Eighteenth-century Londontown, Maryland

Divining America: Religion in American History: site maintained by the National Humanities Center in North Carolina, contains lots of information on the colonial period as well as subsequent centuries.

Nature Transformed: The Environment in American History: also from the National Humanities Center

Slaves and the Courts, 1750-1860, part of the Library of Congress' American Memory site

Early colonial history classics

Fun and informative articles about early American cities, among them Baltimore, on the Common Place site, an electronic journal about early American history.

American Journeys: Eyewitness Accounts of Early American Exploration and Settlement: American Journeys contains more than 18,000 pages of eyewitness accounts of North American exploration, from the sagas of Vikings in Canada in AD1000 to the diaries of mountain men in the Rockies 800 years later, put together by the Wisconsin Historical Society.

Peter Stuyvesant's World: This site was put together by students at the University of Utrecht who studied New Netherland for half a year.  They digitized many seventeenth-century Dutch texts, annotated them, designed lists of seventeenth-century terms and their modern equivalent, and they wrote commentaries and annotations, which they hyperlinked.  The site also contains time lines and student essays.  Much is in Dutch but English speakers may find some portions helpful.  Navigate the site by clicking on various items on the opening page (ie. the hourglass provides a time line; the book provides access to the various seventeenth-century travel narratives about NN; etc.)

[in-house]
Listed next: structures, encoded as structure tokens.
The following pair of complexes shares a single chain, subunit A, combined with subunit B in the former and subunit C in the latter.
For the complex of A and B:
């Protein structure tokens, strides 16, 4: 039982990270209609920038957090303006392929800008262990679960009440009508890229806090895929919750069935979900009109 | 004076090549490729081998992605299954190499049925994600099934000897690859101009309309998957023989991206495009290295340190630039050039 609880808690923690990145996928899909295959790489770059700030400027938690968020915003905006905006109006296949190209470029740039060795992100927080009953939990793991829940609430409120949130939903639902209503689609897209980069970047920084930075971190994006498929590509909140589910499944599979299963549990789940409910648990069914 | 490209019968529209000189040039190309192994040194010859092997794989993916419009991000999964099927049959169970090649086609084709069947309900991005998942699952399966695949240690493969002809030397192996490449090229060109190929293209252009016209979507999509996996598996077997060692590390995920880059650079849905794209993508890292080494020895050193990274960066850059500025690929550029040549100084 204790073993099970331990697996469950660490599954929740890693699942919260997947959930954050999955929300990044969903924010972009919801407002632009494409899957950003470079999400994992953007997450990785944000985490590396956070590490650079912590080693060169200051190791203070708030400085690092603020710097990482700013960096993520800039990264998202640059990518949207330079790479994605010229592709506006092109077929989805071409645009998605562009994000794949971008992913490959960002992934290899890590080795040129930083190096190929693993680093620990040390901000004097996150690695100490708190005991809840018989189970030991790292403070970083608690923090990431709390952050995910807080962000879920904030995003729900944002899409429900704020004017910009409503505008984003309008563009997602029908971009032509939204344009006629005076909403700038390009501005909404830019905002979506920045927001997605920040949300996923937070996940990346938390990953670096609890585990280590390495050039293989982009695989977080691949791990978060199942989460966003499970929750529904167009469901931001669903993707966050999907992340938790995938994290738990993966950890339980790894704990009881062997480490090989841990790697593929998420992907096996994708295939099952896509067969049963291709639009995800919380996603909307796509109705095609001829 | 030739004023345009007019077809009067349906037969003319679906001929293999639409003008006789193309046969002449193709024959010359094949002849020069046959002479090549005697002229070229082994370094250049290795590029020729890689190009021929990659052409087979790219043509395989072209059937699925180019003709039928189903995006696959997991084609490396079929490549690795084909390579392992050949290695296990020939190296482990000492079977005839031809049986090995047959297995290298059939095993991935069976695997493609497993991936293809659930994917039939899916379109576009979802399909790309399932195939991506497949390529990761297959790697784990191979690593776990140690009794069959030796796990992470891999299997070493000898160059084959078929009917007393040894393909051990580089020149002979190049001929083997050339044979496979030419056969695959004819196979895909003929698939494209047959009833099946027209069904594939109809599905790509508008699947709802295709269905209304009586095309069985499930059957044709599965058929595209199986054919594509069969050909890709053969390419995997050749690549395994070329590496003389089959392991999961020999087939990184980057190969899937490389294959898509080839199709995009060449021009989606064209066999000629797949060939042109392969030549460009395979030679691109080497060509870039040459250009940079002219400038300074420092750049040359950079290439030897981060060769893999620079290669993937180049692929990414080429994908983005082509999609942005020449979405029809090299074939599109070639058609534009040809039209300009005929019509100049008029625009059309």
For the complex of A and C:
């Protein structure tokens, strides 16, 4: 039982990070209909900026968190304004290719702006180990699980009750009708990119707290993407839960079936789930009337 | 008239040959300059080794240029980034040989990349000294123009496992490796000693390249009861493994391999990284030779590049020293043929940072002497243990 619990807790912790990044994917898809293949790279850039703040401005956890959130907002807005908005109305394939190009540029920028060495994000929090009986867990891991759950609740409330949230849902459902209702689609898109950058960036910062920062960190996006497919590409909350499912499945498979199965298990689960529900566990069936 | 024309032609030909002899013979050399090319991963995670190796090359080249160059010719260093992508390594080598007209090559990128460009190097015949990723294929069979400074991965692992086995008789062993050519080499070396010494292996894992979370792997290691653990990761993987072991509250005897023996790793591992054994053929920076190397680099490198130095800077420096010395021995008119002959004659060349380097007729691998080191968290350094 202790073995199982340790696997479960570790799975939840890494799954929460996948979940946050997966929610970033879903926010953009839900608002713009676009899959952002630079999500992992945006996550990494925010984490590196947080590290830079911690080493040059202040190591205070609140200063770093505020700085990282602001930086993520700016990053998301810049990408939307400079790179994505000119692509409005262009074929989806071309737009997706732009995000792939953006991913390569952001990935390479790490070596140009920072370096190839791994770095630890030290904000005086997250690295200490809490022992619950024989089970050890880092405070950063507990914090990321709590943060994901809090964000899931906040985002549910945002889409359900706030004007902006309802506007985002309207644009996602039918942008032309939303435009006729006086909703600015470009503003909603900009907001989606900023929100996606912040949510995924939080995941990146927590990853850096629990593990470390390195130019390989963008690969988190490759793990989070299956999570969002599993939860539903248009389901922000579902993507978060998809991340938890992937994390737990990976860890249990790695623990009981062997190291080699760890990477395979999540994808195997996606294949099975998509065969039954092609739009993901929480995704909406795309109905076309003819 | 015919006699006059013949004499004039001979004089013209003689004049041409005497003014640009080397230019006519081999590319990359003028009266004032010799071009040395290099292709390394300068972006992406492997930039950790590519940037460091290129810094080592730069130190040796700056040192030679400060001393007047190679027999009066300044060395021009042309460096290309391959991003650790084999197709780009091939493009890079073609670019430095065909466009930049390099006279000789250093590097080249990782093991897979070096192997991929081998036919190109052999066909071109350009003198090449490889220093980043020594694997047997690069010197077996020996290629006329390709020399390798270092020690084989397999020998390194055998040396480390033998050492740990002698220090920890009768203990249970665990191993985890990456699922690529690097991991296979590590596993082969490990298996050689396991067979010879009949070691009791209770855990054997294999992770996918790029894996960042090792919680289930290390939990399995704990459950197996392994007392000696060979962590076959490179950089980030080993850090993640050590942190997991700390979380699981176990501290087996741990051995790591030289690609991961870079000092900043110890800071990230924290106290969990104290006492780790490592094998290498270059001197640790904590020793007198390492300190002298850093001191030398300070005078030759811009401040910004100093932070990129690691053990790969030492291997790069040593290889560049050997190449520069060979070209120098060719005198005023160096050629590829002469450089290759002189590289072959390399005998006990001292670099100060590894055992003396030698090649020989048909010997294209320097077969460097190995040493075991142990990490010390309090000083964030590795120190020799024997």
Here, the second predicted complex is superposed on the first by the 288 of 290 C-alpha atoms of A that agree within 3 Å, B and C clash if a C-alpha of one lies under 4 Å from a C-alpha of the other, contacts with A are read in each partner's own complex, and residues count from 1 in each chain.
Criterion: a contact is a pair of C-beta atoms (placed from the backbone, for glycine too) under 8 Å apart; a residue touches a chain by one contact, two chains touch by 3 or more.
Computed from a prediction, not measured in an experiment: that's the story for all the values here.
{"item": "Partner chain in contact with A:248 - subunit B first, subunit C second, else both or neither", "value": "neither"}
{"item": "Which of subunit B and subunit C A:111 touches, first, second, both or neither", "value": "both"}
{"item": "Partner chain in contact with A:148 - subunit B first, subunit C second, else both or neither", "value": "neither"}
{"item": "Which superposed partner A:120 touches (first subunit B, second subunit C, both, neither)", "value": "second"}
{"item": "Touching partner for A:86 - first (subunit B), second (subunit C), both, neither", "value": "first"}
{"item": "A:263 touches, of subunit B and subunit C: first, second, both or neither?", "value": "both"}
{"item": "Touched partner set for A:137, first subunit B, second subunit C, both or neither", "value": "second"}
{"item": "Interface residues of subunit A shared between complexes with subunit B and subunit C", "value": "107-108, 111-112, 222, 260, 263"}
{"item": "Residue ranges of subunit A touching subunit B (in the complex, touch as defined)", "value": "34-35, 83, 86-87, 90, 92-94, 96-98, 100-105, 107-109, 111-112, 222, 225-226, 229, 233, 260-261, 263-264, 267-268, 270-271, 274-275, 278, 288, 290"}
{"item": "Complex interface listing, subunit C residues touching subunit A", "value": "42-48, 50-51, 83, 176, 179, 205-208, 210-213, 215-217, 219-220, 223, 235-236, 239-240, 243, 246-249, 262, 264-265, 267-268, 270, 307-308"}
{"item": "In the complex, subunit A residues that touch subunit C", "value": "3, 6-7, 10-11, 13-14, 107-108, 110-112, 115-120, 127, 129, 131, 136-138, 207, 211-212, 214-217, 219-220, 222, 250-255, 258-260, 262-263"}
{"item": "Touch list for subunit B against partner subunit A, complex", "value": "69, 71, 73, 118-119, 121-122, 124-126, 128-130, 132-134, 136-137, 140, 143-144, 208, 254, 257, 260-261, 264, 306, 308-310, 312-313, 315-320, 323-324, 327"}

University of Georgia Hargrett Library Rare Map Collection of the New World: wonderful collection of rare maps, organized by topics such as colonial America, revolutionary America, etc.

Seventeenth Century Colonial New England: site with links about witchcraft in American colonies and Europe

American Beginnings: a site put together by the National Humanities Center in North Carolina, containing primary resources about the period 1492-1690, thematically organized with notes and discussion questions. Made possible by a grant from the National Endowment for the Humanities. Part of a larger site, Toolbox Library: Primary Resources in US History & Literature.

Lists of shiprecords coming over to the New World, including the Collection of the Jacobite Rebellion Ships.  May be searched. Links to other useful sites.

The Georgraphy of Slavery in Virginia, contains runaway ads for 18th and 19th centuries, supported by the University of Virginia.

Runaway Slave Advertisements from Eighteenth-Century Virginia Newspapers, compiled by Prof. Thomas Costa from the University of Virginia’s College at Wise.